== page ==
Friday, December 9, 2022

Where Have All the Snow Crabs Gone?

It is painfully obvious that no one will declare an emergency until the boats return empty, just as happened on the Grand Banks.

There is now no solid breeding base and repopulation from different locales will be necessary in all these situations.

The model used is actually stupid but convenient for the ongoing plundering operation.

Understand that almost all fish school.  This depletes the whole ocean surround. Capturing the whole school wipes out the population and its surround.   There is actually no safe way to measure this.

The best that can be done is to actually separate out working surrounds that produce schools and then harvest them perhaps every two years to a defined limit.  This may be sustainable.

Where Have All the Snow Crabs Gone?

Eleven billion crabs vanished. Is climate change really to blame?


November 23, 2022

When the National Oceanic and Atmospheric Administration announced the first-ever cancellation of the Bering Sea snow crab season in October—and extended the closure of the king crab fishery—explanations were thin. Headlines relayed what the government had gathered: Nearly 11 billion crabs had, effectively, disappeared. The cause remained an open case, albeit with a prime suspect: climate change.

But climate doesn’t tell the whole story. Nautilus interviewed marine scientists, fishermen, former and current government officials, from Alaska to D.C., whose expertise and testimonies indicate there’s another force at play: fishing. Yet like all good mysteries, the story goes even deeper. It begins with a diver and a camera.

It was September 1993 at the bottom of the Gulf of Alaska. As he descended and the seafloor came into view, Braxton Dew witnessed a phenomenon few others had ever seen: a mountain of king crabs. There were some 9,000 of them, towering above his head once he reached the seabed. He checked the depth gauge: 75 feet. He captured a photograph.

CRAB COMMUNITIES: At left, a pod of adult king crabs; at right, a pod sets off to forage. Photo credit: C. Braxton Dew.

Dew would log 943 dives observing the crabs during his 25-year tenure as a marine biologist at NOAA, where he studied their complex social systems, cooperative foraging techniques, and unique podding behavior: when king crabs come together in daytime to rest in spherical or dome-shaped formations before foraging in a herd at night.

In 1996, Dew used the photo to help demonstrate to NOAA administrators that the survey methods they used to estimate adult king crab populations were flawed.1 It was too easy to pull the sampling net through an aggregation and extrapolate that highly localized density to an entire region. If this occurred, the population estimates used by government managers of Alaska’s king crab fishery could be inaccurate.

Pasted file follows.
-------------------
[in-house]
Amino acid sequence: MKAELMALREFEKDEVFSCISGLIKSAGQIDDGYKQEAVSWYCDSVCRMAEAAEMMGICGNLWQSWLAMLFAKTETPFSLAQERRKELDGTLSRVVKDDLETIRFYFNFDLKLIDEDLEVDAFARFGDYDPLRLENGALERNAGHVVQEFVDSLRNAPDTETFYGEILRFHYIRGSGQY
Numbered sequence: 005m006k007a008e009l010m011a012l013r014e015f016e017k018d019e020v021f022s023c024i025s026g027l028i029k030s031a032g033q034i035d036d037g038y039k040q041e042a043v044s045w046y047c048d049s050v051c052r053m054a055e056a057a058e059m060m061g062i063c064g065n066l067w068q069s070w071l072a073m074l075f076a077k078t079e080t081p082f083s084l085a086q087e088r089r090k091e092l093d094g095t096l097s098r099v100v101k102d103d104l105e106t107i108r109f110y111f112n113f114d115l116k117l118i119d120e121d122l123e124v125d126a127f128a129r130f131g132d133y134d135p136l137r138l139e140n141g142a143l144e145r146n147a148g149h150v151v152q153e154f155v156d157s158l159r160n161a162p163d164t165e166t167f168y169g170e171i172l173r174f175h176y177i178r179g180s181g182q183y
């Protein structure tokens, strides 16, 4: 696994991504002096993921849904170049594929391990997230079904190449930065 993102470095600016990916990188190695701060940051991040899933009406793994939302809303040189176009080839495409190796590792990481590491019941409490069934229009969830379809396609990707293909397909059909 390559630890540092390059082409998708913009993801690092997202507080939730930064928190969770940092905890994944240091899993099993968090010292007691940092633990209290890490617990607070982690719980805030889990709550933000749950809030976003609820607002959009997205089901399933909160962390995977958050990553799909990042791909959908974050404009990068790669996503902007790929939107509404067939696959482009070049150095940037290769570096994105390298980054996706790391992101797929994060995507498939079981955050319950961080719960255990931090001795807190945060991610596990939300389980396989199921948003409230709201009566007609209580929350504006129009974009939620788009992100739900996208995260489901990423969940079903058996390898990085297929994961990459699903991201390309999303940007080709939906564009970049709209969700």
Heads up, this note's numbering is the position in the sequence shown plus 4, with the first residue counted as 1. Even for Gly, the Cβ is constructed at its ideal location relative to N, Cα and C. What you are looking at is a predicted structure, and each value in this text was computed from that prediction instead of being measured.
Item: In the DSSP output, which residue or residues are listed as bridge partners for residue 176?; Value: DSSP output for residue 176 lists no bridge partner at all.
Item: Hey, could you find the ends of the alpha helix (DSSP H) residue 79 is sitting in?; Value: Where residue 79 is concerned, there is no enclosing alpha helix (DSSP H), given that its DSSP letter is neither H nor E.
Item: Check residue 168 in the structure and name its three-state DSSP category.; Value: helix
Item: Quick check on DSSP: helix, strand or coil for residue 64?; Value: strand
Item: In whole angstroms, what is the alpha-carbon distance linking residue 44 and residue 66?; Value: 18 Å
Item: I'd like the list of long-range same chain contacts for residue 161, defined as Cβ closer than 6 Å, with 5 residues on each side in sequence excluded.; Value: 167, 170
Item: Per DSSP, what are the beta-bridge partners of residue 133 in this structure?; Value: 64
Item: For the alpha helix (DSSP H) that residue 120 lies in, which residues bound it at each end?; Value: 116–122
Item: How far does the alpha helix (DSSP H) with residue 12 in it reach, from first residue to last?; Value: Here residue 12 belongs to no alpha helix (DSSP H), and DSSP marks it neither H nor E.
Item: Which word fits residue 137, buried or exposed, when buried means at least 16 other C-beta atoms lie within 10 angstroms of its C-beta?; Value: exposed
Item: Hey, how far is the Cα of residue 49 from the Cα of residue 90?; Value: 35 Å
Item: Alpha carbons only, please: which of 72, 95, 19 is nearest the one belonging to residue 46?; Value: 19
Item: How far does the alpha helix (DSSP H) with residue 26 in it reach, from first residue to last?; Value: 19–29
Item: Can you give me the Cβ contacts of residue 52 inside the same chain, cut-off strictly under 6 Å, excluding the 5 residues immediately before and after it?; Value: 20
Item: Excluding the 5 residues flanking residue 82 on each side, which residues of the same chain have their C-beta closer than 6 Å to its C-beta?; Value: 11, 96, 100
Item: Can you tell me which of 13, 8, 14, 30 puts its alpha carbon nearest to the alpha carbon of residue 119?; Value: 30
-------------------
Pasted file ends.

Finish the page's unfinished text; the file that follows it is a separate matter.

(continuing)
According to Dew, the evidence he presented caused turmoil inside NOAA. He was transferred from Kodiak to Seattle; underwater crab research conducted by the agency declined sharply. He remained there for 12 years without assignment, waiting to publish his final manuscripts in the NOAA Sea Grant Collection, in which he laid out evidence suggesting that king crab management should better account for factors like social behavior and habitat preference.2 Some of the papers would spend over a decade stalled in review until his former bosses retired in the late 2000s.

It’s possible that if this kind of underwater behavioral research had been sustained, biologists might have a wider base of knowledge from which to build a more comprehensive and unified theory explaining the presumed deaths of billions of snow crabs in two years. Unfortunately, we are left to conjecture.

One billion crabs didn’t simply “disappear.”

Everything must be considered in the context of climate change, which is driving massive shifts in Arctic ecosystems. Yet unlike 1 billion heat wave casualties in the shallow and intertidal zones of the Salish Sea last year, snow crabs live on seafloors in deeper waters, and there are no records of water temperatures high enough to kill crabs directly. While it’s likely that whatever happened to the crabs was catalyzed by climate, the question remains: What was it?

The dominant theory suggested by NOAA scientists is that climate change caused the collapse of the snow crabs’ nursery. As sea ice forms in winter, salt is expelled and cold, dense water sinks to the floor of the Bering continental shelf, forming what oceanographers call the “cold pool.” This is where young snow crabs grow up with abundant food, protected by water that is too cold for many of their predators—until now.

As the planet has heated, sea ice has diminished, reaching record lows in the Bering Sea between 2017 and 2019 and triggering a “dramatic ecosystem transformation.”3 The shrinking cold pool put snow crabs’ backs against the proverbial wall. Where once they were safe, juvenile crabs could be caught by predators like cod penetrating the warming water.

Yet there are problems with this theory. In many years past, cold pool conditions didn’t form in the Eastern Bering Sea, yet snow crabs fared well. And Pacific cod populations, instead of benefitting from new access to prey, have crashed alongside the crabs: Catches fell significantly in the absence of Bering Sea ice and, in the Gulf of Alaska, low numbers prompted the first-ever closing of the cod fishery.

Another possible explanation is that disease has afflicted the crabs. Snow crabs are plagued by a parasitic alga called Hematodinium. Experiments indicate that increasing temperatures may facilitate infections, but severe cases of the disease have spiked and leveled off in years past without population collapse.4 Other explanations include starvation, migration, and even mass cannibalism, although this has only ever been observed in captivity. None are mutually exclusive.

However, fishing impacts have been largely absent from the discussion. Ship-tracking data compiled by Global Fishing Watch shows that vessels in the Eastern Bering Sea took advantage of contracting sea ice, encroaching into previously inaccessible habitat. Geographical data show that the historical winter habitat of snow crabs overlaps with recent vessel movements,5 which in some cases have pushed into the snow crab “hotspot” near St. Matthew Island, a landmass usually locked in ice through winter.

Up until the year of the crash, NOAA’s North Pacific Fisheries Management Council—the appointed body that regulates fishing in the region—ratcheted up catch limits, which nearly tripled from 19 million to 45 million pounds between 2017 and 2020. As quotas rose, crabbers struggled to find the large males they are permitted to keep; in 2020 they discarded roughly as many crabs as they kept, suggesting an unusual age structure and perhaps an excessive catch limit.6